Patient with motor neurone disease can be allowed to die, court rulesBMJ 2012; 344 doi: http://dx.doi.org/10.1136/bmj.e3183 (Published 03 May 2012) Cite this as: BMJ 2012;344:e3183
An advance decision to refuse treatment made by a man with motor neurone disease, who communicated only through eye movements, is valid and his life can “peacefully end,” a judge has ruled at the Court of Protection in London.
Mrs Justice Theis said she was “entirely satisfied” that he had the capacity to take the decision after hearing evidence from doctors, carers, and the man’s wife.
His wife had downloaded an advance decision template from the internet, and the document was read to him last November in the presence of a doctor, his wife, and a social worker. The man, referred to in court as XB, consented by means of eye movements and made it clear that he wanted the artificial ventilation keeping him alive switched off once he became unable to communicate.
That point had now been reached, and “doctors are talking about the care pathway with the family,” the family’s solicitor, Yogi Amin, told the BMJ.
Amin said he believed that the case was the first to be brought that determined the validity of an advance decision since the Mental Capacity Act 2005, which spells out the requirements for a valid decision, came into force in April 2007.
The case came to the Court of Protection—part of the High Court—after a carer raised concerns about whether the man had “communicated his agreement.” The carer’s employers, an NHS trust, applied to the court to ask for clarification on the matter.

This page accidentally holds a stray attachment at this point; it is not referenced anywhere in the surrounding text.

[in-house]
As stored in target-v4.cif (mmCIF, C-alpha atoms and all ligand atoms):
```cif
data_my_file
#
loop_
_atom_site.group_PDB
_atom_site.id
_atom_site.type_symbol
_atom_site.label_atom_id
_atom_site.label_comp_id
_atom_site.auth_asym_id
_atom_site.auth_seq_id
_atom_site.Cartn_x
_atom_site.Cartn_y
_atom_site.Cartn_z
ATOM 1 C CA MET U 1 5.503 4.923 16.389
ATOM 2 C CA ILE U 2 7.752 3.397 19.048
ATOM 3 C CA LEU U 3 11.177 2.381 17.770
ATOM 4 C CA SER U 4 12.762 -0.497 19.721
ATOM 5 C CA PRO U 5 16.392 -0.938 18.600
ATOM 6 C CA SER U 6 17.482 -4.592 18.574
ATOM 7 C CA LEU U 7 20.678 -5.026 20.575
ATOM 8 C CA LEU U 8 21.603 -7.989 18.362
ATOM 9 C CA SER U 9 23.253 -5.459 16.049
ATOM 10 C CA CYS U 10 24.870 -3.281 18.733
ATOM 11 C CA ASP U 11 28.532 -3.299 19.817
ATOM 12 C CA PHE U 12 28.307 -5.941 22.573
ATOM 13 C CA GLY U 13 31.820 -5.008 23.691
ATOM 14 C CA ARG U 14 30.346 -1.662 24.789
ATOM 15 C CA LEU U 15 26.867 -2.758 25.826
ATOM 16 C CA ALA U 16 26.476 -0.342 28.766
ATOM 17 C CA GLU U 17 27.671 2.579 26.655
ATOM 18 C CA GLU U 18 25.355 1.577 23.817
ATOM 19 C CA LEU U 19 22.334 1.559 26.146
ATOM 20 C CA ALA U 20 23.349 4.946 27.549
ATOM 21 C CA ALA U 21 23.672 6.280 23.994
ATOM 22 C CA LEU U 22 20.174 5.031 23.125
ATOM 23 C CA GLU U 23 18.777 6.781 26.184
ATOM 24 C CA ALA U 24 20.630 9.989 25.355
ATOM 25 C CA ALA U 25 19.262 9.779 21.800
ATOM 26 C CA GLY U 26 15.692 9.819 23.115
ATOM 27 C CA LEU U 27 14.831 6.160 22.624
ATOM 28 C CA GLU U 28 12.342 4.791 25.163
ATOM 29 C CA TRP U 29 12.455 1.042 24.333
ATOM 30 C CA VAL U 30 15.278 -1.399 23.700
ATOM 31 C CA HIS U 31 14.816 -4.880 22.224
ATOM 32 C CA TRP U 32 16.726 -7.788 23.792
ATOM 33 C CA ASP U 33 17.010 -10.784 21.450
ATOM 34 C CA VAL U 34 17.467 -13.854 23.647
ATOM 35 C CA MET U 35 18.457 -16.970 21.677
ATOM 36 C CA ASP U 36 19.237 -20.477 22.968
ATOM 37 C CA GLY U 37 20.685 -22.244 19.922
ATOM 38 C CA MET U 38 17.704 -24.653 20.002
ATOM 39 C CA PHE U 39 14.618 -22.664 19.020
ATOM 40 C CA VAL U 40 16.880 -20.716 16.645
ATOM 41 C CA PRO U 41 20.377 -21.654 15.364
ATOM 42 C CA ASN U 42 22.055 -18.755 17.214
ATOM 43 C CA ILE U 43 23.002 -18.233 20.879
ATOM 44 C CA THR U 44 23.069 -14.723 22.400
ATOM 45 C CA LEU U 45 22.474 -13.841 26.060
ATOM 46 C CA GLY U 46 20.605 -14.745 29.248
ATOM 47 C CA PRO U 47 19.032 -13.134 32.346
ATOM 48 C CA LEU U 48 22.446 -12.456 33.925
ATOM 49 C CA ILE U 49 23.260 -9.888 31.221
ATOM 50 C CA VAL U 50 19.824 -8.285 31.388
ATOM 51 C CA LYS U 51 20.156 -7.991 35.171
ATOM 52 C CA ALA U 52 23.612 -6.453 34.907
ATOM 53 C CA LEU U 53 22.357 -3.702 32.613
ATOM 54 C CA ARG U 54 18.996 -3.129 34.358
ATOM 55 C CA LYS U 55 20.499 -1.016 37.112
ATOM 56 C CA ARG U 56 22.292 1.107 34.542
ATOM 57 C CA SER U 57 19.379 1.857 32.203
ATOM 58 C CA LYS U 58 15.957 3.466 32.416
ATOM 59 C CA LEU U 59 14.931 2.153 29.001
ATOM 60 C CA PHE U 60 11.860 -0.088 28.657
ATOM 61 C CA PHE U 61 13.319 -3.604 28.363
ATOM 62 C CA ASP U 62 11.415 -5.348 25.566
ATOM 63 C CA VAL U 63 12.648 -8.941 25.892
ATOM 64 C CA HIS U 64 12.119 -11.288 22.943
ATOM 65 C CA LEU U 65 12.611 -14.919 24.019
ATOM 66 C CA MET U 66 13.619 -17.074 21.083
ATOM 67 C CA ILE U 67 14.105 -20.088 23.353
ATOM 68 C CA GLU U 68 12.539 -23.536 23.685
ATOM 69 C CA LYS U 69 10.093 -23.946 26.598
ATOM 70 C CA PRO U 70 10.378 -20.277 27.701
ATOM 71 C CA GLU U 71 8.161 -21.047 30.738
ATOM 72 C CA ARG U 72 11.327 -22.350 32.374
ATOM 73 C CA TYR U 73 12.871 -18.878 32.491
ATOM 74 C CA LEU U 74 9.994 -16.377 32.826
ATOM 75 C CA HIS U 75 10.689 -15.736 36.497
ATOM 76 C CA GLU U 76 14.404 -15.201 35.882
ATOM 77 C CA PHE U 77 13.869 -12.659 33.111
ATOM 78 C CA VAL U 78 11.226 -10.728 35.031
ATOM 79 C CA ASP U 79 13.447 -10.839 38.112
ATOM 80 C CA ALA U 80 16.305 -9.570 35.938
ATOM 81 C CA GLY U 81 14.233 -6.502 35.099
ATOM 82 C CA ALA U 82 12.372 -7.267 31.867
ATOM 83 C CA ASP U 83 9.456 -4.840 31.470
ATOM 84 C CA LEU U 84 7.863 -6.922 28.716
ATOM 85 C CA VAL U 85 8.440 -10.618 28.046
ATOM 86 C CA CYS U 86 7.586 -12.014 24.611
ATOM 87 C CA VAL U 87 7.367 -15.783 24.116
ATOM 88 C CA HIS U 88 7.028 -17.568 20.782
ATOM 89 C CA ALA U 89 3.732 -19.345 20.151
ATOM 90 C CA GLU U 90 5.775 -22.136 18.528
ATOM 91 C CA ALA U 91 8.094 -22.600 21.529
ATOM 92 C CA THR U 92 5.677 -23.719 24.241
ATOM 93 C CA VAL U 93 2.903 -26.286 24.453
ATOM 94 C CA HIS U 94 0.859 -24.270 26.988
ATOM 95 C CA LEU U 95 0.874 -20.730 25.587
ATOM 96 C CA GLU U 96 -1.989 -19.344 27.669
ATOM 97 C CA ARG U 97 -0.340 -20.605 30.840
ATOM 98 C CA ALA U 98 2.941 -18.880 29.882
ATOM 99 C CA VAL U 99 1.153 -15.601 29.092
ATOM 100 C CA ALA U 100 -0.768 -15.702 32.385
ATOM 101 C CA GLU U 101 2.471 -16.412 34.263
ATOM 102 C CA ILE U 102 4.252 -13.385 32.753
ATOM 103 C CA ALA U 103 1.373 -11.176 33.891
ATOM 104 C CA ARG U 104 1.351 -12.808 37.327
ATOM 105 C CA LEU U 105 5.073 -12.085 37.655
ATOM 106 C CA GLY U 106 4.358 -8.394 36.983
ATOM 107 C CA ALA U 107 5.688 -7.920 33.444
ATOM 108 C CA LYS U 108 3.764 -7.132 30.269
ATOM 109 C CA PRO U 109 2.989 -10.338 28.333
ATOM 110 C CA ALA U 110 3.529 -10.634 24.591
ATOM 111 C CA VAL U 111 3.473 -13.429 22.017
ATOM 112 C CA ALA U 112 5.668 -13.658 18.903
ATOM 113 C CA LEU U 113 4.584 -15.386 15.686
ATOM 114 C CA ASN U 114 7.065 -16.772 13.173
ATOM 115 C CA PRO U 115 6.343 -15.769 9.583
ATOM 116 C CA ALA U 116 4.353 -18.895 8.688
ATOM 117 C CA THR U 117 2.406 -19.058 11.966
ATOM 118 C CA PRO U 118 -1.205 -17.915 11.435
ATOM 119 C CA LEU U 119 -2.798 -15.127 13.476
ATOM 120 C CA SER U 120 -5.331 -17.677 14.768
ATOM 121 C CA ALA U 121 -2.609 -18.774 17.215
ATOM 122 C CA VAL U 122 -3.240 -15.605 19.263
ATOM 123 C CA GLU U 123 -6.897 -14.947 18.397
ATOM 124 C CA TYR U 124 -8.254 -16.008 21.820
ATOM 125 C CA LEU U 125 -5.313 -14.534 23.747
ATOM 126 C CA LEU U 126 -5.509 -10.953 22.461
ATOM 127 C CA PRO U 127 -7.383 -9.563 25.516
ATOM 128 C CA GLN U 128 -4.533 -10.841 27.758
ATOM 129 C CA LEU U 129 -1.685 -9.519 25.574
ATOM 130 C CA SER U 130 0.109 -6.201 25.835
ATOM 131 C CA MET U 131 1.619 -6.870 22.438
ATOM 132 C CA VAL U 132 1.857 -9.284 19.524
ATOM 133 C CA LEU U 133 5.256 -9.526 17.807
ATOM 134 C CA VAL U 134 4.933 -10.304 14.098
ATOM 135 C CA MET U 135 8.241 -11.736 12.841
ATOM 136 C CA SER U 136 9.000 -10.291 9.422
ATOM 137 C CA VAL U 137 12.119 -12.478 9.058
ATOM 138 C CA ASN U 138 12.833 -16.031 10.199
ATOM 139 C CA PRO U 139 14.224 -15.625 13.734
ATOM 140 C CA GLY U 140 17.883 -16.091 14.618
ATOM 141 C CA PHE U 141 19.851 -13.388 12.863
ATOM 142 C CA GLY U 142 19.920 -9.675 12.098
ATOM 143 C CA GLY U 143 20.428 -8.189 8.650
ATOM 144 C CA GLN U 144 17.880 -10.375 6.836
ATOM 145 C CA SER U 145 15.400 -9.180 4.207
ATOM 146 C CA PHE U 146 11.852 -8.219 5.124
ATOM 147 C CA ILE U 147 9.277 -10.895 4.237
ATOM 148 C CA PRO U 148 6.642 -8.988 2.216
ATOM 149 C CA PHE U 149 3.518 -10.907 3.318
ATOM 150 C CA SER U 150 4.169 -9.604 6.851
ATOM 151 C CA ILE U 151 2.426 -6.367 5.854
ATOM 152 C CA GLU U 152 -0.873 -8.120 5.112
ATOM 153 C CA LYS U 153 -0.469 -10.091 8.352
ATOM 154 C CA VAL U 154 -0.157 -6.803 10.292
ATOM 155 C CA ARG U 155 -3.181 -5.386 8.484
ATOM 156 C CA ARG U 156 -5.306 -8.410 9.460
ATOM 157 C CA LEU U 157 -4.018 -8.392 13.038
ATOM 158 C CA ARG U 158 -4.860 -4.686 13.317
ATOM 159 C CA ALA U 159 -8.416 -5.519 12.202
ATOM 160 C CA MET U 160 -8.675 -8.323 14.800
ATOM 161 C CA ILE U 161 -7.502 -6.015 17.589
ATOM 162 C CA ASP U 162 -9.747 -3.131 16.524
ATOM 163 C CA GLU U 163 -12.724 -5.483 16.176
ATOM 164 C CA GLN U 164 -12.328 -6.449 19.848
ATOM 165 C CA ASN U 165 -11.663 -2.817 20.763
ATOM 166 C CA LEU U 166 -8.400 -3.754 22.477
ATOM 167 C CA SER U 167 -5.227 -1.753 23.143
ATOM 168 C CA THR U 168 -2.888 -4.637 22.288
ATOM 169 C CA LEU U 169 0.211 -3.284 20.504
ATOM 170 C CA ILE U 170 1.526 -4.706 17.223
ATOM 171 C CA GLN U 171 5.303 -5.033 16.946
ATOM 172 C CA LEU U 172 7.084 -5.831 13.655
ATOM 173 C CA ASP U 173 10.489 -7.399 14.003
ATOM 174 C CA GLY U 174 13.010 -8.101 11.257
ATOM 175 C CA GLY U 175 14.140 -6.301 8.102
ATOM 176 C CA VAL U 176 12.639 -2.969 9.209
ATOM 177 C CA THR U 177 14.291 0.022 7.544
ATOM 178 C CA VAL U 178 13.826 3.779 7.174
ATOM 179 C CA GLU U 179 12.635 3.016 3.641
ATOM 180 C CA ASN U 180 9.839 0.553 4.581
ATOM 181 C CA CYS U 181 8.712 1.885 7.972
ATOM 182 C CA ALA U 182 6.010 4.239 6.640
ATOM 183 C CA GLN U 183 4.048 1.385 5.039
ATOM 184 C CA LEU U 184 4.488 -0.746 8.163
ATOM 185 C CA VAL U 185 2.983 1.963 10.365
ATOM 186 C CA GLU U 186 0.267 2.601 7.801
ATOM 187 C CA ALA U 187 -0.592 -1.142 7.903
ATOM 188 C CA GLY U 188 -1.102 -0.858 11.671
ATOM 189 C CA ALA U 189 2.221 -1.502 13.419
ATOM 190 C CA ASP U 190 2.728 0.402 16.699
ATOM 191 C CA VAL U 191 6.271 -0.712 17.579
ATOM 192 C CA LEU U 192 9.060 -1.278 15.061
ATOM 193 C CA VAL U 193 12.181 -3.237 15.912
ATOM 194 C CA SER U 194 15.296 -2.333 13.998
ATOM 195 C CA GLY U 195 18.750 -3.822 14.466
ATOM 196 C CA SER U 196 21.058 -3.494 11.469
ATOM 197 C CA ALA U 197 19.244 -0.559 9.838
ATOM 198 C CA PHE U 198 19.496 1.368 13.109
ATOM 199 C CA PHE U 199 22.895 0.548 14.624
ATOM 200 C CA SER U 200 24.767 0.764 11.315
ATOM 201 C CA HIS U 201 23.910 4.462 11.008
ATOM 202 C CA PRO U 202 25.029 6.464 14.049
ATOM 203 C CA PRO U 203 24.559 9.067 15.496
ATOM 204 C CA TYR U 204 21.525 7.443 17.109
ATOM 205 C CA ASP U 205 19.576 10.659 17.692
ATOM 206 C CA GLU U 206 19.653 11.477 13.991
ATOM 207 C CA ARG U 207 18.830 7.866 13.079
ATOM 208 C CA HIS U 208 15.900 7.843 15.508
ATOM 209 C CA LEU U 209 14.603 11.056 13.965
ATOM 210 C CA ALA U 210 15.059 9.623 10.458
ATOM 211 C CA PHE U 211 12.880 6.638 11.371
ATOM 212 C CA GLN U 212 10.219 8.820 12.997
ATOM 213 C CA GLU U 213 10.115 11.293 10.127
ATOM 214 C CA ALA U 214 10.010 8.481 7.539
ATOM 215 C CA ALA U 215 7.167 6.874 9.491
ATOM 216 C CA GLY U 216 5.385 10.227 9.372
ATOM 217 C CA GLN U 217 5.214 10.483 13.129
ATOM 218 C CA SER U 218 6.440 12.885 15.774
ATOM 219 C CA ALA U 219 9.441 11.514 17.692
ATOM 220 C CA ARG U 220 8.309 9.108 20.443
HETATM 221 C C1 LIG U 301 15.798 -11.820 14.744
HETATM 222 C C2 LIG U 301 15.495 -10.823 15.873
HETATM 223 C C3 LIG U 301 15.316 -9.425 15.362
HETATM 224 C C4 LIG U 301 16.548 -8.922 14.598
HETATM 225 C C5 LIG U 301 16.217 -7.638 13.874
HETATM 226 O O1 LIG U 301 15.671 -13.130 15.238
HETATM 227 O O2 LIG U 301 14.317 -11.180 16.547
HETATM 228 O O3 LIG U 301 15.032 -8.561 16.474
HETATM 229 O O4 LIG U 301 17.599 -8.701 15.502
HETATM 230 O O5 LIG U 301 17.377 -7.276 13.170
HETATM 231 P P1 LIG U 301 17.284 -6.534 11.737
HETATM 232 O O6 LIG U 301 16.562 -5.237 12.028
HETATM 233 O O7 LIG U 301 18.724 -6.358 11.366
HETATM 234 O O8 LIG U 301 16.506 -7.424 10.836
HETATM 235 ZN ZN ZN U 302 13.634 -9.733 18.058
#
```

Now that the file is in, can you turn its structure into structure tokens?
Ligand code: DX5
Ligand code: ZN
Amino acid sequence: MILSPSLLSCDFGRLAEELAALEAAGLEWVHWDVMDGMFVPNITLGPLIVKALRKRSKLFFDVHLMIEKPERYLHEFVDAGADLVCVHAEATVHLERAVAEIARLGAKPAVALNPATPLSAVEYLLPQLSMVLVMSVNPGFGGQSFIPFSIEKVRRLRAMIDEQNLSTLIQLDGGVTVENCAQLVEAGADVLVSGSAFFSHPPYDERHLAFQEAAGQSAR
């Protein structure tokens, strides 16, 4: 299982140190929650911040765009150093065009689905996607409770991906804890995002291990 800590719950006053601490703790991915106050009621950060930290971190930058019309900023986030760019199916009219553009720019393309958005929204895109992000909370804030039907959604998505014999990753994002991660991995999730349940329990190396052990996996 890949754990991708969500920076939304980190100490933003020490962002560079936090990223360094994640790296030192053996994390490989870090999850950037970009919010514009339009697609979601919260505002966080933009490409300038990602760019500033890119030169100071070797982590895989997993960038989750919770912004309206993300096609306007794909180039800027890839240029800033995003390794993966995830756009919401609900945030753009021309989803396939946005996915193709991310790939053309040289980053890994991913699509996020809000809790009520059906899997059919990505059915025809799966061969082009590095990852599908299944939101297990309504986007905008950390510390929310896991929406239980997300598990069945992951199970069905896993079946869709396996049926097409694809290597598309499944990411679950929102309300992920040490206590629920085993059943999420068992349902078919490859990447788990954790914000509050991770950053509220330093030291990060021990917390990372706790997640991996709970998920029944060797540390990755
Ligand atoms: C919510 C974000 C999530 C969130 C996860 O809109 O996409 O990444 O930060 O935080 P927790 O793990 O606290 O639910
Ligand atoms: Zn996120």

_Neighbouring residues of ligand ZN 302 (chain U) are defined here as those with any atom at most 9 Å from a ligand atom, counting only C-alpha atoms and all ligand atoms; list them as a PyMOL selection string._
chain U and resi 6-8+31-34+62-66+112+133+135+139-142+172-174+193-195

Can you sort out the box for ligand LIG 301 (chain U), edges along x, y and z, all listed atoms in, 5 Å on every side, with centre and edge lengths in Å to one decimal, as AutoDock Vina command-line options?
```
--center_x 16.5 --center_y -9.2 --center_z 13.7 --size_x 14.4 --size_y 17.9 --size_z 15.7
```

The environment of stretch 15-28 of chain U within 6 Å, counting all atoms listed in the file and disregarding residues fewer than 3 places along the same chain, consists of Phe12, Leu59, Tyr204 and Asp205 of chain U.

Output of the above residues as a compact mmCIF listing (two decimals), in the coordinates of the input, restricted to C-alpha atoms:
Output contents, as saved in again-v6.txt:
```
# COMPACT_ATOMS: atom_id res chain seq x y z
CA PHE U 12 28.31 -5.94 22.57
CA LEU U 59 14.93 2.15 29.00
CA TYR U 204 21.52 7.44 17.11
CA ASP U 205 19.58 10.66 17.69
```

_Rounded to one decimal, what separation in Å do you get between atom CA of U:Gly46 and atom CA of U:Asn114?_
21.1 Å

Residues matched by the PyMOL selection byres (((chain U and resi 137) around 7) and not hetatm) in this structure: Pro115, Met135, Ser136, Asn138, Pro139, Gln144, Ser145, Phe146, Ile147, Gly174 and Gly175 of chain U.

The judge said lawyers had established that the carer was not present when XB, a 67 year old father of two from the south of England who was diagnosed 10 years ago with motor neurone disease, had consented to the document.
During a two day hearing, XB’s wife said that the question of what life sustaining treatment he would want was discussed with him on several occasions in 2010, and in 2011 he had indicated that he wanted the treatment withdrawn. He “wanted to be allowed to peacefully end his life,” she told the judge.
“I hope the next stage proceeds as well as can be expected,” the judge told the man’s family. The judge highlighted the importance of clarity when advance decisions are drawn up and called on health authorities to investigate any issues about their validity “as a matter of urgency.”
An adult who has capacity to decide may refuse any medical treatment, even if death is the certain result. Advance decisions or so called living wills allow a person to spell out such a refusal in advance, to take effect if or when he or she loses capacity.
Under the Mental Capacity Act, decisions to refuse life saving treatment must be in writing and signed, but another person may write and sign on behalf of a decision maker who is unable to write.
Cite this as: BMJ 2012;344:e3183